Severe corrosion and operating problems due to deposition of solids in an offshore gas re- injection system were investigated. Potential corrosion mechanisms were identified and matched to the morphology and location of the observed corrosion damage. Predicted corrosion rates were compared with observed corrosion rates. Carbon dioxide, hydrogen sulphide, oxygen, elemental sulfur, chlorides methanol and combinations thereof were considered. Corrosion due to elemental sulphur was identified as the mostly likely cause of corrosion. The sulphur drop was the result of reaction between hydrogen sulphide and oxygen following oxygen ingress into the sour process gas. Further corrosion was prevented by eliminating the source of oxygen ingress. This also solved the operational problems created by the solids.


High corrosion and operational problems due to severe deposition of solids in an Offshore Gas Re-injection system were investigated in 1999. This paper describes the approach used to evaluate possible corrosion mechanisms. The scope of the investigation included the following:

- Topside re-injection equipment and piping,

- Risers

- 31-km subsea pipeline from the manned platform to the wellhead injection satellite.

The effects of corrective measures are also presented.


Liverpool Bay is the only sour oil and gas development in the UK sector. The asset is situated in the Irish Sea just off the coast from Liverpool (Figure 1.) It consists of a central manned platform, Douglas, three unmanned platforms at Hamilton, Hamilton North and Lennox and a sub-sea single well completion at Hamilton East. There is an onshore gas-sweetening terminal at the Point of Ayr. Oil is produced from the Douglas and Lennox fields. Hamilton, Hamilton North, and Hamilton East are all gas producers. The pipeline network joining the facilities is shown schematically in Figure 2. Oil from the Douglas field is lifted by Electric Submersible Pumps (ESP's). Gas injection is used to recover oil from the Lennox field. The gas is compressed at the Douglas platform and transported to Lennox via a 12" API 5L x42 carbon steel pipeline. A simplified process diagram is shown in Figure 3. Re-injection gas is co-mingled gas from the Lennox Gas Receiver, the Lennox Production separator, and the Douglas Production separator. Gas stripped from the oil is also compressed and added to the process stream. The gas is sour, containing up to 2% H2S.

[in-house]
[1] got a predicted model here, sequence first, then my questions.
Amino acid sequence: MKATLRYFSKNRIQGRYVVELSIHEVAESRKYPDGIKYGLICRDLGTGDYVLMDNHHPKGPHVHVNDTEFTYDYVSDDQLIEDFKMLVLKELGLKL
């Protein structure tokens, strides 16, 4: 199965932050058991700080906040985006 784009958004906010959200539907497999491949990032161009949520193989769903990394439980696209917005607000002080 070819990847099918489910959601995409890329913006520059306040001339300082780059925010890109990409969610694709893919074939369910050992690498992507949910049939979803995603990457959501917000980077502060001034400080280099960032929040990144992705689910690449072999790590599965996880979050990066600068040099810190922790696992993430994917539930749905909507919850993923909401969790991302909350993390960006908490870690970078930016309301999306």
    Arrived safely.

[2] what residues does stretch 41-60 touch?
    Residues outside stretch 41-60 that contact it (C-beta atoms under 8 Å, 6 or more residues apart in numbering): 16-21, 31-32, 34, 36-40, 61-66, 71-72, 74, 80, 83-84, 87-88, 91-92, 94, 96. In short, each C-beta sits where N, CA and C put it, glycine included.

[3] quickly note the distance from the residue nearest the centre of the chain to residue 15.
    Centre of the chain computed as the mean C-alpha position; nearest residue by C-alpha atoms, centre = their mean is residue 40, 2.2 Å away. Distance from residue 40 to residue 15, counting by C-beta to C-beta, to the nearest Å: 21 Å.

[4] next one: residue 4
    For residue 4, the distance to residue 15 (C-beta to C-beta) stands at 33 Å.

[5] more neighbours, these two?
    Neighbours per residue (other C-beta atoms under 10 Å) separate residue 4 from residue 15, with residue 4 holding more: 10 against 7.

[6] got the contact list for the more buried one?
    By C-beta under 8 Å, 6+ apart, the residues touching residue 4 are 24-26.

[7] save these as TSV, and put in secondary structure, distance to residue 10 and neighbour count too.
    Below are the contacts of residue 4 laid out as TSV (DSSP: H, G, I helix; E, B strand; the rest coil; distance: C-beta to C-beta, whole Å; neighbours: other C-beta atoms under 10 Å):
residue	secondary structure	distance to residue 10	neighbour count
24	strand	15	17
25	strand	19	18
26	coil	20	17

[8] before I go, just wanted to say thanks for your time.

Extensive deposits and high corrosion rates were identified at the outlet channel of the Injection compressor aftercooler shown in Figures 4 and 5. This prompted a survey of downstream carbon steel piping. An extract from the results is shown in Figures 6 and 7. Corrosion rates were of the order of 3 mm/y but increased to 6 mm/y in the aftercooler nozzle where there was a flow effect as shown in Figure 8. The subsea pipeline was also surveyed by intelligent pig, which confirmed a corrosion problem in the subsea portion of the pipeline at the Douglas end as shown in Figure 9. The metal loss was confirmed by UT wall thickness checks carried out subsea by divers. A corrosion rate of 1.5mm/year was observed at the Douglas end of the sub sea section of the pipeline reducing to zero at the satellite end. This compared with 3 mm/year in the riser and topside piping.

At the time of the metal loss, large amounts of solids were recovered from the pig receiver and injection separator at Lennox. These were mostly iron sulfide but also contained elemental sulfur. Yellow deposits of element sulfur were found in Corrosion Resistant Alloy (CRA) pressure relief valves at the injection separator and in the

This content is only available via PDF.
You can access this article if you purchase or spend a download.